With this came a dogged Russian attempt to destroy the Ukrainian language. “No language in world history has been as persecuted as Ukrainian,” Simonova says.
She gives centuries of examples, from Peter I’s banning of printing of books in Ukrainian to the forbidding, in 1863, of Ukrainian-language spiritual and popular educational literature with the words: “There was no separate Little Russian language and there can be none.” In 1876, Alexander II banned the printing and importation from abroad of any Ukrainian-language literature, and Ukrainian stage performances as well. In 1881 came the prohibition of Ukrainian for public school instruction and church sermons. In 1888, Alexander III banned the use of Ukrainian by official institutions and the baptism of children with Ukrainian names. The assault persisted in the Soviet era, all the way through the decision in 1984 to pay teachers who used Russian 15 percent more than teachers who used Ukrainian.
Putin’s recent proclamation that Ukrainians and Russians are a single people is part of this long tradition, and comes, as usual, with a brutal colonial war. If to the West this seems like a bizarre flashback, for Ukrainians it is simply a confirmation, once again, of what they see Russian culture as having always been: cruel, imperialistic, and refusing to allow neighboring peoples the simple right to exist.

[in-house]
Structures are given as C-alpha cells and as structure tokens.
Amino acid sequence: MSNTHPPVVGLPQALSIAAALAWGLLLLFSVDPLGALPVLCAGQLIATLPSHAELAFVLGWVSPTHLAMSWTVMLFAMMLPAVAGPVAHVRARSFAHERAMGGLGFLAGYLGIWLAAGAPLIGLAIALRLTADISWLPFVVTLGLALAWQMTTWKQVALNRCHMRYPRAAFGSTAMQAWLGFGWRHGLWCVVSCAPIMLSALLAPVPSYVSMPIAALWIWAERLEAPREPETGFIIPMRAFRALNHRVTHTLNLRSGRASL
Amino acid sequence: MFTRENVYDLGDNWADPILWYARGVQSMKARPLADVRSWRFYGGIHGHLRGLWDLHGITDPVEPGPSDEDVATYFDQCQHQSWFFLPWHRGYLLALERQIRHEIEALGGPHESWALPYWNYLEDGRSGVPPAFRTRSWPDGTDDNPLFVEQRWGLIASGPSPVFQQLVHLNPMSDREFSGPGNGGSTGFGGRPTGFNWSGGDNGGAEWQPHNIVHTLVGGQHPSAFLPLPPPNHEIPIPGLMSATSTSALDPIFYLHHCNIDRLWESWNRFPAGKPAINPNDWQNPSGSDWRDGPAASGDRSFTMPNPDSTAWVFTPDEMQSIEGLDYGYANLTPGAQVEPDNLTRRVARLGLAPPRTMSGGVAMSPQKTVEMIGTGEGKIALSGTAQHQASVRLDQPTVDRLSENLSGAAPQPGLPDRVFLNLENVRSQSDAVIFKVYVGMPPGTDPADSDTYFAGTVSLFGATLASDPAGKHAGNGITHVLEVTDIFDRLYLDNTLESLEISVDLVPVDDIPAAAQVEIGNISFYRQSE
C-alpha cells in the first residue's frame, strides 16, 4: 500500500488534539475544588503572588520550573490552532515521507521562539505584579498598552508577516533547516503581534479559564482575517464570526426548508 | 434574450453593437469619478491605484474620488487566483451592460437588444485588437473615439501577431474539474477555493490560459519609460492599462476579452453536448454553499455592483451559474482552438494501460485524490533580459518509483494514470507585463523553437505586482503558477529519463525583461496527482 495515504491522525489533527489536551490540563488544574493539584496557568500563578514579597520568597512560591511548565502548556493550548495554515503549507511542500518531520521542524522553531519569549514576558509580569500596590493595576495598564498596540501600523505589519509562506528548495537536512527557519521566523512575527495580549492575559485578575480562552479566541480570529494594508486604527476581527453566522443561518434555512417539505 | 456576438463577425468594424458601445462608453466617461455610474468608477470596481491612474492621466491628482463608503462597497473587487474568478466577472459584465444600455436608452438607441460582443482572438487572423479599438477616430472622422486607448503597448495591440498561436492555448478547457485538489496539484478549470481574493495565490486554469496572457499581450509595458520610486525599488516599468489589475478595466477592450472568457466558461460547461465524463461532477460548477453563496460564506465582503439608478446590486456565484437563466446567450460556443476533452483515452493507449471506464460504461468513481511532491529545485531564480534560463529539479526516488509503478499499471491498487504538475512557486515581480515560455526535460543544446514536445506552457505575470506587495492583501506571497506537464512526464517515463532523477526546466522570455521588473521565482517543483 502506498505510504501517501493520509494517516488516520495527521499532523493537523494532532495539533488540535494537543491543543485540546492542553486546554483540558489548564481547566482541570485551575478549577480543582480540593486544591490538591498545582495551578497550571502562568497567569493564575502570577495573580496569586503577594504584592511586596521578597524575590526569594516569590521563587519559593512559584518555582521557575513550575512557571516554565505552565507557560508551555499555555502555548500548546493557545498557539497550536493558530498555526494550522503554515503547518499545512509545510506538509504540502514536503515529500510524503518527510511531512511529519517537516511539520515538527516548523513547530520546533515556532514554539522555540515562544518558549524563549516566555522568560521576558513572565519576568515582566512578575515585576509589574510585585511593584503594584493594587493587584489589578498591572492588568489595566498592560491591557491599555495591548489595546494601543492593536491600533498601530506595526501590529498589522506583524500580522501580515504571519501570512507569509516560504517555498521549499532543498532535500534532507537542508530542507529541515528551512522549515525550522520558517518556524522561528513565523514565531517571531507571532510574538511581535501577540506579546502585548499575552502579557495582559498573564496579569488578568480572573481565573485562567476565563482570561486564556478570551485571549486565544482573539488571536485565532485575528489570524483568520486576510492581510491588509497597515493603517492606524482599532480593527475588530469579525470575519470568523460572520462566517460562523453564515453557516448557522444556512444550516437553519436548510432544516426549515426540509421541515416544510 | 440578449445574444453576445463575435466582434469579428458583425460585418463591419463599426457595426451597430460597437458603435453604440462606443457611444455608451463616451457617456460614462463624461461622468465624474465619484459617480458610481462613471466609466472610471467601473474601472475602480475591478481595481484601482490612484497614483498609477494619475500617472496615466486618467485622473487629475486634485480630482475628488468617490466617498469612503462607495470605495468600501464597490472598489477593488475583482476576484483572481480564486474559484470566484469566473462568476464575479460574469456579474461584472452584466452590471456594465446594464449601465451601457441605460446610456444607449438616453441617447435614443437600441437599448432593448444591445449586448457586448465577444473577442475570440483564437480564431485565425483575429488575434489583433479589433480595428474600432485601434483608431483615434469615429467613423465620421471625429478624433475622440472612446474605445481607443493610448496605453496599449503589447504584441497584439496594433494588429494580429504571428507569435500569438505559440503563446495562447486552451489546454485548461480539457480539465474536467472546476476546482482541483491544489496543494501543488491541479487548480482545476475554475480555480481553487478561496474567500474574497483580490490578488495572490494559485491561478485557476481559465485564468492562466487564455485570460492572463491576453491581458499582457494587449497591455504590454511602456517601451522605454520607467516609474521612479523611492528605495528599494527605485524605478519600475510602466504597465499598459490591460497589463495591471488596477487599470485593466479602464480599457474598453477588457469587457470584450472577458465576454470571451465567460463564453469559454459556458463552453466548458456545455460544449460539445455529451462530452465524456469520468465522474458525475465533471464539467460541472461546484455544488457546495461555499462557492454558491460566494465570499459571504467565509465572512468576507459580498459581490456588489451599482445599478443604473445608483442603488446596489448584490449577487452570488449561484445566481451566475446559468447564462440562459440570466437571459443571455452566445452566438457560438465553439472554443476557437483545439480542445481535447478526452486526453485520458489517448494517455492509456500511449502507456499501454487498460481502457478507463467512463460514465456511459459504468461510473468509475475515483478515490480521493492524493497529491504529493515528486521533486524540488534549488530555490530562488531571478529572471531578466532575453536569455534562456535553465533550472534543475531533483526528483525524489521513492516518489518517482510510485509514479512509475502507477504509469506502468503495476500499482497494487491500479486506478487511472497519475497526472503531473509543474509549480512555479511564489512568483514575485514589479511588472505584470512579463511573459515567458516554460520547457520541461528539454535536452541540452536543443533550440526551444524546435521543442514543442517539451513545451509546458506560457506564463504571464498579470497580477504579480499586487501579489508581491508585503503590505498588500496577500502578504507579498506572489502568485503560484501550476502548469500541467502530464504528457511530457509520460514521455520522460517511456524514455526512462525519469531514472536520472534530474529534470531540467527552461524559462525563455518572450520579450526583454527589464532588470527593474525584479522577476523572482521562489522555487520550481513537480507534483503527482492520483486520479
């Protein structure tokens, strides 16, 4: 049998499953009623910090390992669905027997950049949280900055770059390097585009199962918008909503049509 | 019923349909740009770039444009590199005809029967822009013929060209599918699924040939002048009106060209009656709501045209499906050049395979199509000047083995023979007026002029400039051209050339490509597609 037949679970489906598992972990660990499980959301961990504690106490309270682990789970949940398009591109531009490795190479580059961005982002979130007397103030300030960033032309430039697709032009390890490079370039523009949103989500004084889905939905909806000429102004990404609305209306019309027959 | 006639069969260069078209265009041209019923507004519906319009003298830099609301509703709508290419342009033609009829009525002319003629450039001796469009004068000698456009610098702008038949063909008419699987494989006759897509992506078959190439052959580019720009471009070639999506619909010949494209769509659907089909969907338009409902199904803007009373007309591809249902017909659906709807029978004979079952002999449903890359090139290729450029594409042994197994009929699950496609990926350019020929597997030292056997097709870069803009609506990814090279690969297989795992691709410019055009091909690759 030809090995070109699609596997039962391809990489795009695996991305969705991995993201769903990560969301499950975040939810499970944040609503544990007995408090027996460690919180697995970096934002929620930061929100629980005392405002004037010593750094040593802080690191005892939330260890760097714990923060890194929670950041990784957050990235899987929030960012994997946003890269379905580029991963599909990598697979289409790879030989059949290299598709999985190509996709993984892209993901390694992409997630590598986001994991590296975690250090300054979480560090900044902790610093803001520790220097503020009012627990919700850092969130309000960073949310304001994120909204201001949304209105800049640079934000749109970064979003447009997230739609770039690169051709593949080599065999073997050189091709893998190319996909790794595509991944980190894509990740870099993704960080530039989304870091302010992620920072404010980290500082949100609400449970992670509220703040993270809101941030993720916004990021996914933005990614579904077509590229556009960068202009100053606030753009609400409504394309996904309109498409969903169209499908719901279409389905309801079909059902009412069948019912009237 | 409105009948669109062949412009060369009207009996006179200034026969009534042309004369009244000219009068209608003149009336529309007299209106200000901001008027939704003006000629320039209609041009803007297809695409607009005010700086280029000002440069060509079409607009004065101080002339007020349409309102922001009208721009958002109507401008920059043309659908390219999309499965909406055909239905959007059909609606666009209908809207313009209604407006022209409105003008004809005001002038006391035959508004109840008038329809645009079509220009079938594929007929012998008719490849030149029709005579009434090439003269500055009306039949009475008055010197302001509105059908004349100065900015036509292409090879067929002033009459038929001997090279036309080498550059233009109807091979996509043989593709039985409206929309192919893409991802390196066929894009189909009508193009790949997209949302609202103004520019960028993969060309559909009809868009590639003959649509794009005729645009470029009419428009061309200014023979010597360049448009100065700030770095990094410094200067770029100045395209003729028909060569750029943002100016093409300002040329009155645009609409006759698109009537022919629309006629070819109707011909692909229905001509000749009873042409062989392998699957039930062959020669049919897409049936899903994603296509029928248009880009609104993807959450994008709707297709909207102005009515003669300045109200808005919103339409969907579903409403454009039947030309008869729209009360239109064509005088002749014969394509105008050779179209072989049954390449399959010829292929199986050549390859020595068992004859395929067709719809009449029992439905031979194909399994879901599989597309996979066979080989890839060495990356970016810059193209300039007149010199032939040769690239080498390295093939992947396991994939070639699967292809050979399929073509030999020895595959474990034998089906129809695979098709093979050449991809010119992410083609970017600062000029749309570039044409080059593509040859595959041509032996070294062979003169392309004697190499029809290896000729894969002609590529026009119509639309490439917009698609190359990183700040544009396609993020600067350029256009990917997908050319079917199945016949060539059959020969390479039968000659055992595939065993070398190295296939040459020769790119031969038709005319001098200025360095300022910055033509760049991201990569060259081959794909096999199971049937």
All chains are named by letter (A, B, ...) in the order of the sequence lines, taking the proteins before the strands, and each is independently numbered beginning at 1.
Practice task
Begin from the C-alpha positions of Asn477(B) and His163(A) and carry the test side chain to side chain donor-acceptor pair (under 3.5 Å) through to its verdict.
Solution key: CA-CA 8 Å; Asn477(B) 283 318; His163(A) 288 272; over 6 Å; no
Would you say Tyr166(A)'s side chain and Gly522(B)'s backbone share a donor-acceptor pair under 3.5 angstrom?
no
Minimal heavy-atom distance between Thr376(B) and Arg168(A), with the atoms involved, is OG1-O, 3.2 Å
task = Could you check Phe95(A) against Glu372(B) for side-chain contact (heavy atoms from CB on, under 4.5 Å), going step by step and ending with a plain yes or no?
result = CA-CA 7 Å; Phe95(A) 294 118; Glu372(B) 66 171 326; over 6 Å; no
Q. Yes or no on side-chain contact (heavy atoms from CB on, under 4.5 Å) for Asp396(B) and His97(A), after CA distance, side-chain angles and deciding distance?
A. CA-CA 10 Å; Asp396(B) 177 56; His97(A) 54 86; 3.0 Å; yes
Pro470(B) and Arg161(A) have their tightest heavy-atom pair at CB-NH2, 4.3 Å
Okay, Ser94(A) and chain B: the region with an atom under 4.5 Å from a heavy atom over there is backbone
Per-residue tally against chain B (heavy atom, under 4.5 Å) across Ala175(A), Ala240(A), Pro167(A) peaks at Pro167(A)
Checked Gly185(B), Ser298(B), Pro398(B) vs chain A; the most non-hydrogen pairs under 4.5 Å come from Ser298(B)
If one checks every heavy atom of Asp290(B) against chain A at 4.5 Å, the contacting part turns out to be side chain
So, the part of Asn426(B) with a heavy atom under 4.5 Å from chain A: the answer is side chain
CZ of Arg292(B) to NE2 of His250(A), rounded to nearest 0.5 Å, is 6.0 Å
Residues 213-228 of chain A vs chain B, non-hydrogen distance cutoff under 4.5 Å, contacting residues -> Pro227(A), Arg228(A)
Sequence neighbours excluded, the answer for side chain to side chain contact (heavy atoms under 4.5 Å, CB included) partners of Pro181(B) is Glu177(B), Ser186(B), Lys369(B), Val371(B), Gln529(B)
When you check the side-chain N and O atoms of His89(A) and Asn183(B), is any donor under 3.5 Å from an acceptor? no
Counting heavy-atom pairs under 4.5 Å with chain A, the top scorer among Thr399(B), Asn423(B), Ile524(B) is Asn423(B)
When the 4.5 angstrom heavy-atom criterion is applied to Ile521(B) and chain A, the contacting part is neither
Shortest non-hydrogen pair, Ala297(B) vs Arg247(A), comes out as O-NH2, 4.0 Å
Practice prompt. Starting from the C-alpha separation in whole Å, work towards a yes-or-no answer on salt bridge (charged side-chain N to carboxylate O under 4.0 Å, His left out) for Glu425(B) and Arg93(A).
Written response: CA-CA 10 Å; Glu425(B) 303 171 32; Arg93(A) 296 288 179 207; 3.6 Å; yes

Sheiko is impatient with the calls for reconciliation through culture. “The cultural front is no less important than the military,” he says, rejecting programs that suggest an equality between Ukrainians, Belarusians, and Russians. “The reaction of part of the cultural West to the war”—the desire to use culture to patch up these wounds—“is also deeply colonial.” It was far too early, he said, to know what to do with a hypothetical postwar Russia—or, as the Ukrainians put it, “where to find a mental hospital with 140 million beds.”
In this discourse, I was struck by how up-to-date the Ukrainian tactics were. They echo the demands of Palestinian activists to boycott Israel, and to reject fake “peace initiatives” that suggest an equivalence between colonizer and colonized. With their calls to shun the Russian culture that allows Russia to present itself as a civilized nation, they also echo recent calls by groups like Black Lives Matter to examine how culture has been used to mask old hierarchies.
Many Ukrainians find “Rashka” so poisoned by totalitarianism that it must be rejected wholesale. “It is a hundred percent the product of propaganda, and a tool for instilling military hysteria among the Russian population,” said Simonova. “Under the influence of propaganda, Russian society is dehumanized and has lost the line between good and evil.” Antonenko echoes her contention: “This is the culture of the devil and of evil.”